Being good at your job is great, but in an interview situation, be it face-to-face or via video, your potential new employer or partner doesn’t just want to know where you’ve worked and what you’ve done, they also want to hear what you’ve achieved.
But how do those of us in the notoriously narcissistic professional services sector manage to sell ourselves on the merit of our past achievements without sounding like pompous bores? And quite frankly, especially here in the UK, no one likes a bragger.
As Walt Whitman said, “If you done it, it ain’t bragging”, but so-called ‘humble brag’ is something of an art form indeed – a delicate balance that can easily waver on one side into indifference and on the other into arrogance. To help you navigate that precipice with aplomb, we’ve selected a few tips that should help you to sell yourself as a genuine and motivated candidate rather than an egotistical blowhard.
Stick with the facts
Self-promotion should always come across not as an opinion but as a matter of fact. Utilise provable statistics and results instead of vague statements.
If you’re a Business Development Manager, for example, prove that your input managed to result in an increase in profits for a certain organisation instead of making grand and soulless boasts. Facts backed up with evidence are not brags, they’re statements.
Brevity is the soul of wit
Don’t labour the point once you’ve made it. If you’ve managed to get your achievements across and it’s obvious it has been registered, don’t waste valuable minutes going over the intricacies when you could be moving on to another accomplishment.
Tell a story
Whilst facts and figures can be strong and compelling, without anecdotal evidence to back them up they are unlikely to be remembered. If you can weave your accomplishments into a narrative that also somehow underlines a few of your more desirable soft skills then you are far more likely to make an impression.
Don’t go overboard
If you are attempting to mask your natural braggadocios nature by being overly self-effacing then this can backfire. Dismissing your own contributions not only makes you seem less confident but could strike an interviewer as a more conceited form of arrogance. Be humble and show gratitude for the successes that others might have helped you to achieve, but don’t sell yourself short either.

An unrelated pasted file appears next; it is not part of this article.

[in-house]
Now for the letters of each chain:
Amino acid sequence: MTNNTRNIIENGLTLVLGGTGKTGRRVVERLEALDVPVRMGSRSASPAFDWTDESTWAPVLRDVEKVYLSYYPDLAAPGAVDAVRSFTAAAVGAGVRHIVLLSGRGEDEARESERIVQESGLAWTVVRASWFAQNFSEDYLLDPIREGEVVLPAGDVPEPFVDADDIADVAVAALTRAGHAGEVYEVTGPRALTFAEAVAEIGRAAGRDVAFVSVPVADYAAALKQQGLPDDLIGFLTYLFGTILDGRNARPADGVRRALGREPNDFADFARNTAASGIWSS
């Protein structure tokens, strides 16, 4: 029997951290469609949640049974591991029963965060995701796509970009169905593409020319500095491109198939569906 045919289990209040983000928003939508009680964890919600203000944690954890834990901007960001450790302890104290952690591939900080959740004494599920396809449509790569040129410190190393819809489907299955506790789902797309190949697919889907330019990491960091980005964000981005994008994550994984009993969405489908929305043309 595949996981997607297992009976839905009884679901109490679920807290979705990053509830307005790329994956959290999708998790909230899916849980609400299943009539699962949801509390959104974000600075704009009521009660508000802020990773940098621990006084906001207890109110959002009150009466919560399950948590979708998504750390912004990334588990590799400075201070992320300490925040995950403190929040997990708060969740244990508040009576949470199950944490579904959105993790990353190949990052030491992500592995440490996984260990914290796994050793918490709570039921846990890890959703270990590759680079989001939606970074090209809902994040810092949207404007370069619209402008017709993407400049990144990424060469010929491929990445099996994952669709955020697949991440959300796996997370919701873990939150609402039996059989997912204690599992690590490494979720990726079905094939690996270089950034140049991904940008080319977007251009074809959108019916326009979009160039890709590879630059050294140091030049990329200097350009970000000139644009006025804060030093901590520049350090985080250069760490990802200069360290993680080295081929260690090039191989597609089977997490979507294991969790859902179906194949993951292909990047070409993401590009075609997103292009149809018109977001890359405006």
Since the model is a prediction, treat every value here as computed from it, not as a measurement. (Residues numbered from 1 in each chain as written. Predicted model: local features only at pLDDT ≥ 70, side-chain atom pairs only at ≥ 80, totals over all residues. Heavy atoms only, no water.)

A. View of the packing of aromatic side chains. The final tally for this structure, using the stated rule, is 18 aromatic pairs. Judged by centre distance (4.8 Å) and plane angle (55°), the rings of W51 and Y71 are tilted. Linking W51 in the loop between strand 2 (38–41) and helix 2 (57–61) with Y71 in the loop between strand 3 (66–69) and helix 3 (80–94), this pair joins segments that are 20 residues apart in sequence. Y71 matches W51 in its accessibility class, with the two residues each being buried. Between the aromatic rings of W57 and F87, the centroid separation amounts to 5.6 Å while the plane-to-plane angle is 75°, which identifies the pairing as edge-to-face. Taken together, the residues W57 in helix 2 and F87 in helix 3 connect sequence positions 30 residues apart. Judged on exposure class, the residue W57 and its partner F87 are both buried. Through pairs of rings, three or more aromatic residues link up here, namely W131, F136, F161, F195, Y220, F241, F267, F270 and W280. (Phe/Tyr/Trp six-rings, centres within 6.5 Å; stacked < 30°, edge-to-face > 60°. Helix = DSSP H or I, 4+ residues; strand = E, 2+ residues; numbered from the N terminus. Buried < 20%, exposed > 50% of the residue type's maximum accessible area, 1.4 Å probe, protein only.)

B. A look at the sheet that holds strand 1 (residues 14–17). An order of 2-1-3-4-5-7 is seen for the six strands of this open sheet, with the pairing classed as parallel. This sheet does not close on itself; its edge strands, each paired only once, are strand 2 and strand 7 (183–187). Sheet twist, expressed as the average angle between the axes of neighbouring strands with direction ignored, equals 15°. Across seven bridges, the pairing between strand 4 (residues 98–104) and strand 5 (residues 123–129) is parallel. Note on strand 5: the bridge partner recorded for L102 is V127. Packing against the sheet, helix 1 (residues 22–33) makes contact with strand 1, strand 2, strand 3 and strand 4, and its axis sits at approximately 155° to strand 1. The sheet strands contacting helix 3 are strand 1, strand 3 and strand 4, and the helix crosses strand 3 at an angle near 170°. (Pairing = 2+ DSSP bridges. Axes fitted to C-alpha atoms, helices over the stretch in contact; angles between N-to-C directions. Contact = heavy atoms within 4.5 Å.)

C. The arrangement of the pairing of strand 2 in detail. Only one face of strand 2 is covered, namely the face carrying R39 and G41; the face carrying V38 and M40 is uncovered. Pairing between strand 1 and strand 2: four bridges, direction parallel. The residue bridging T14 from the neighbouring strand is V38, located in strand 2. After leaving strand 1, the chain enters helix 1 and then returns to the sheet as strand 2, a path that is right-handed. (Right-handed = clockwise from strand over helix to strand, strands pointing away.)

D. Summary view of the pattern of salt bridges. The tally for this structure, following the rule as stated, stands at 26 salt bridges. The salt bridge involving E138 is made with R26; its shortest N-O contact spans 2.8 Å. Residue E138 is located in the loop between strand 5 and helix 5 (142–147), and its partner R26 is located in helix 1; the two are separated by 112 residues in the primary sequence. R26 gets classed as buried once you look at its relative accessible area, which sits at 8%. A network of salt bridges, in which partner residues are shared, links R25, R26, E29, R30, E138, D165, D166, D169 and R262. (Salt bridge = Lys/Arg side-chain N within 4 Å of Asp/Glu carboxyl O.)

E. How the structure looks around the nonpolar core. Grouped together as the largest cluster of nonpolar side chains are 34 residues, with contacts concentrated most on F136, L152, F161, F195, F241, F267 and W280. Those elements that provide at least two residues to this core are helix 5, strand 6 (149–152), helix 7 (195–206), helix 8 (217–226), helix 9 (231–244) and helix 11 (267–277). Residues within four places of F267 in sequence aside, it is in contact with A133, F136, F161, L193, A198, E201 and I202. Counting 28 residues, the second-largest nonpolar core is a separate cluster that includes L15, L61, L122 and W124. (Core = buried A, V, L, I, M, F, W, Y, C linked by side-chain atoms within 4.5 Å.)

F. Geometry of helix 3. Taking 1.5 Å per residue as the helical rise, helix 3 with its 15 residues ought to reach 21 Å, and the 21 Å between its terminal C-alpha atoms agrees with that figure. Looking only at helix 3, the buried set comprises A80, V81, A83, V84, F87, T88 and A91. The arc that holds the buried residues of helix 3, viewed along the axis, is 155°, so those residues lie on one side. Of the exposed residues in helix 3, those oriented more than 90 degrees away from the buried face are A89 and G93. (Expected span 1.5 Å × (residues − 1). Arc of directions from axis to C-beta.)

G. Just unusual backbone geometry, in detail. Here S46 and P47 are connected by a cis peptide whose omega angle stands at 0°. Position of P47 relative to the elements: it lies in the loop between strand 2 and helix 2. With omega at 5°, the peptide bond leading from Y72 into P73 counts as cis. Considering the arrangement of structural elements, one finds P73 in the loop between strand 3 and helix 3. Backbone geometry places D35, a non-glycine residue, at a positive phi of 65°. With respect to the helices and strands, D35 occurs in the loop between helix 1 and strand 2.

Be subtle and relevant
Subtlety is always key when you’re selling yourself, whether that’s based on your skills or your achievements. Just as important, however, is the context in which you drop your promotional asides. If you drop them seemingly at random then they will not only be less effective, but they will come across as pointlessly arrogant.
Work your self-promotion subtly into the conversation at moments when it is touching on why the job interests you, your passions and your previous roles. With no context and if your points are not relevant to the position or the interviewer then you run the risk of seeming desperate and incompetent.
Studies have shown that 80% of what we learn is gone within 24 hours. That makes it much less likely that your message is the one that sticks unless it’s one that is reinforced by genuine achievement. The key to interview success, however, is in being able to talk openly about your accomplishments and to know when to speak and when to hold back.
This is something a good, quality professional services recruitment specialist would almost certainly be able to help you master, but the tools are already there if you know where to look.
Ultimately, there’s no shame in being proud of your accomplishments but if you don’t understand how to strike the right balance in an interview then your pride could be mistaken for arrogance.
The key is in being attentive, reading the situation and adapting your tactics accordingly. It’s a fine line to tread but as long as you stay true to yourself and stick to relevant, thoughtful examples that reflect who you are and what you have to offer then you should have nothing to worry about.